Daytime Station Support Program
Membership Campaign Program
Summer of Service Program
The Boston Museum of Fine Arts and the Musee d'Orsay in Paris have two of the world's best collections of the work of the French postimpressionist Edgar Degas. The two museums have collaborated on an important show called Degas and the Nude, which includes pieces from major museums and private collections all over the world. Classical music critic Lloyd Schwartz, who lives in Boston, was moved by the show, which also triggered a sweet personal memory.
My one personal association with any work by Edgar Degas is something that happened about a decade ago — a chance encounter with Hollywood dancing star Leslie Caron. She was appearing with the Boston Pops, and on her night off attended a contemporary music concert, which featured the premiere of a work written and performed by an old Hollywood friend of hers, Jack Larson, alias cub reporter Jimmy Olsen on the Superman TV series. She was sitting only a few seats away from me, and during the intermission I spoke to her and told her how much I loved her in Gigi and An American in Paris and practically everything else I ever saw her in. We struck up a conversation. She was in Boston alone, didn't know the city, and asked about its art museums. I offered to take her, and she accepted my invitation.
The most memorable moment of that expedition was at Boston's Museum of Fine Arts, which owns Degas' famous bronze sculpture of a young ballerina in a tutu, posed with her hands behind her back. Caron looked at the sculpture and asked me if I realized how intentionally awkward and incorrect the pose was. She pointed out the subtle creases in the young dancer's tights, which I had never noticed. Then she kicked off her shoes and right there in the gallery demonstrated the correct position.
I'm remembering this now because there's a remarkable exhibit that the Museum of Fine Arts is sharing with the Musee d'Orsay in Paris: the very first exhibit ever to focus on Degas' studies of the nude. At first, in the 1850s, Degas, still in his 20s, was doing academic studies of male nudes. Then he suddenly turned to women and, for the rest of his career, he painted and drew and made prints and sculptures of naked women — usually women getting into or out of bathtubs, often shallow washbasins on bathroom floors.
But even his images of clothed women, especially dancers, including the young ballerina, he often first did as nudes, as if he needed to understand the bodies under the clothes before he could put clothes on the bodies. Like the ballerina, none of these women are very graceful. They are full of the awkwardnesses of real life.
They almost always have their backs to us, so their faces, their identities, remain mysterious and private. The one exception is an astonishing series of small monotypes set in a brothel, in which the nudity is fully and graphically frontal. These women have nothing to hide and keep nothing to themselves. Yet all these images depict something vulnerable.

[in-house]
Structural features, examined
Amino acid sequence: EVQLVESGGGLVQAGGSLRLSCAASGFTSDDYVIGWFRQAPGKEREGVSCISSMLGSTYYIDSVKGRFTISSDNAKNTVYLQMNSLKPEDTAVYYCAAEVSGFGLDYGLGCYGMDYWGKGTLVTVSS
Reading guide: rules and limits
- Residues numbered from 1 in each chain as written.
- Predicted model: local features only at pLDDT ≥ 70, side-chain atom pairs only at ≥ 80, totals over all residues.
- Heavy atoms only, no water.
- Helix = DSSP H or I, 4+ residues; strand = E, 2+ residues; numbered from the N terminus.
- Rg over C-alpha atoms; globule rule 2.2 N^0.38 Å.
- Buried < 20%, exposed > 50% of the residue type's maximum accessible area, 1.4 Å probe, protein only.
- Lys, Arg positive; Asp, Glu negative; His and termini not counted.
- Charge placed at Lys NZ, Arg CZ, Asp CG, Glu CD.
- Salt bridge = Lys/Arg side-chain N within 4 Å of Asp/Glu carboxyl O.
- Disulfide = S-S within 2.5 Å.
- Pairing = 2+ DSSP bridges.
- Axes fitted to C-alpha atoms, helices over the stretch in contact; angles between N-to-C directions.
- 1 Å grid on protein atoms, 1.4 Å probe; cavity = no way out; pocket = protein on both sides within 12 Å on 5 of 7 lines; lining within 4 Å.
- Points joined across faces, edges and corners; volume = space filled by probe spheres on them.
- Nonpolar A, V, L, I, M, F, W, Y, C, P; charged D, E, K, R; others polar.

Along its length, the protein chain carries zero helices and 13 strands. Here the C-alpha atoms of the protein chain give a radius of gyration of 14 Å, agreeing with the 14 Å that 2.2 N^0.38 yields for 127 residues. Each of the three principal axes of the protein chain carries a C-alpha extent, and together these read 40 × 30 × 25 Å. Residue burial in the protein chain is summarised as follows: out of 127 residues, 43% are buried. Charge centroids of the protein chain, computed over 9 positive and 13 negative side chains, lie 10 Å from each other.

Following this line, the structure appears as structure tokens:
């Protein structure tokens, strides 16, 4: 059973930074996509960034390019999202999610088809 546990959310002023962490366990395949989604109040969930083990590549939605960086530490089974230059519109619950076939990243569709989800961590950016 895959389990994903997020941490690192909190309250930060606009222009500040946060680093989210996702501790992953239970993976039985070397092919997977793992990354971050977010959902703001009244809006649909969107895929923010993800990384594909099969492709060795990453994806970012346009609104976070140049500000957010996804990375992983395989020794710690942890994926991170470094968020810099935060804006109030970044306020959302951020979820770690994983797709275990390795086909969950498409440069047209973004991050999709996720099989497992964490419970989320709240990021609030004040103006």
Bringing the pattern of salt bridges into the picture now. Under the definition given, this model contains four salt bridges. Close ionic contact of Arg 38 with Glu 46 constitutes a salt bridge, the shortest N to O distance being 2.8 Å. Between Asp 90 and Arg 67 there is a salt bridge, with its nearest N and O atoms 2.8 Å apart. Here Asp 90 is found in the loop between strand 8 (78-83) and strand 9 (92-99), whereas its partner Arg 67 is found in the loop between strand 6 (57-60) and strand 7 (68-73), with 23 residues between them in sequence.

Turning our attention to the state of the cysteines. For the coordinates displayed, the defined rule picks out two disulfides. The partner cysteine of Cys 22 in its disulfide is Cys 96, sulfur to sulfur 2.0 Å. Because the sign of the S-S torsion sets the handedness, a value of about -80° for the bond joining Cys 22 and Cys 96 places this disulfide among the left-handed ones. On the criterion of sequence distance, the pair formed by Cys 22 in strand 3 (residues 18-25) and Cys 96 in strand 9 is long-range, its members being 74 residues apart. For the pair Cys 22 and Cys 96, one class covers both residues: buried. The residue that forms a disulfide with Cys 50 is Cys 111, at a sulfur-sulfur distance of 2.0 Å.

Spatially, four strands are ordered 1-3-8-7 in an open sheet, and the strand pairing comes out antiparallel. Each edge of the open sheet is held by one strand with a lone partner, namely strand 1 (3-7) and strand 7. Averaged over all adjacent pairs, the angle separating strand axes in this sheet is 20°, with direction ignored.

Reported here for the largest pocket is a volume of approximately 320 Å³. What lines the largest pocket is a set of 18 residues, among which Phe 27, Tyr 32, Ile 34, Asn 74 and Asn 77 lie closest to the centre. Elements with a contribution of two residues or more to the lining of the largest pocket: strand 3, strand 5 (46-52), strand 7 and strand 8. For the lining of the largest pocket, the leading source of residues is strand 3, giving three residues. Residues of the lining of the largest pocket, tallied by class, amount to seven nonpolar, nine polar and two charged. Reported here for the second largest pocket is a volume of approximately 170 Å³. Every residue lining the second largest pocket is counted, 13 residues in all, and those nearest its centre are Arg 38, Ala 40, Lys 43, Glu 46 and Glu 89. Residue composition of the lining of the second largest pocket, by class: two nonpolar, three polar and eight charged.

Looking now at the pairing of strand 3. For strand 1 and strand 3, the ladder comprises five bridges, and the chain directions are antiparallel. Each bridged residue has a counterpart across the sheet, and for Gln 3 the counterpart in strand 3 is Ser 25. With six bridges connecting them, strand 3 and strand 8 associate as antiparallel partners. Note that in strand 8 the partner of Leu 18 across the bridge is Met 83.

One of the points the show's Boston curator makes is that in a couple of odd, very early quasi-allegorical paintings, Degas showed women quite explicitly as victims of war or rape. And their often contorted poses turn out to be very similar to the positions of the later images of women bending over a bathtub, twisting themselves to wash themselves or dry themselves off, or comb their long hair. Seeing the way this private vulnerability derives almost in a straight line from those early images of explicit victimization maybe helps us understand more clearly why these later, relatively innocuous and mundane images have such mysterious power.
There's so much variety in Degas' work, it's surprising to confront his obsession with this one subject. The exhibit is almost claustrophobic, yet subtle differences in the poses and in the technique — the smoothness of paint or the rougher texture and airiness of pastel — bring each image to life in a different way. One key component that adds an additional dimension to the show is the inclusion of nudes by other artists — contemporaries of Degas; artists who influenced him, like Ingres and Delacroix; or whom he influenced, like Toulouse-Lautrec, Gauguin and Renoir.
There's another show at the MFA that makes a fascinating comparison with Degas' nudes. It's apparently the first museum exhibit anywhere to focus on the classical image of Aphrodite — Venus. And although it doesn't include the most famous Venus of all, the Louvre's Venus de Milo, there are dazzling examples from the great periods of classical Greek and Roman sculpture, small frescoes from Pompeii, and even earlier images from Egypt and Cyprus. These goddesses are stylized, idealized, not portraits of individuals going about their daily rituals but actually elements of ritual.
After I saw this show, I returned to Degas and was all the more moved. But I thought maybe "nude" is really the wrong word for Degas' images. These figures aren't so much nude as naked. Poor, bare, forked animals, as Shakespeare might have called them. Not godlike at all, but all too heartbreakingly human.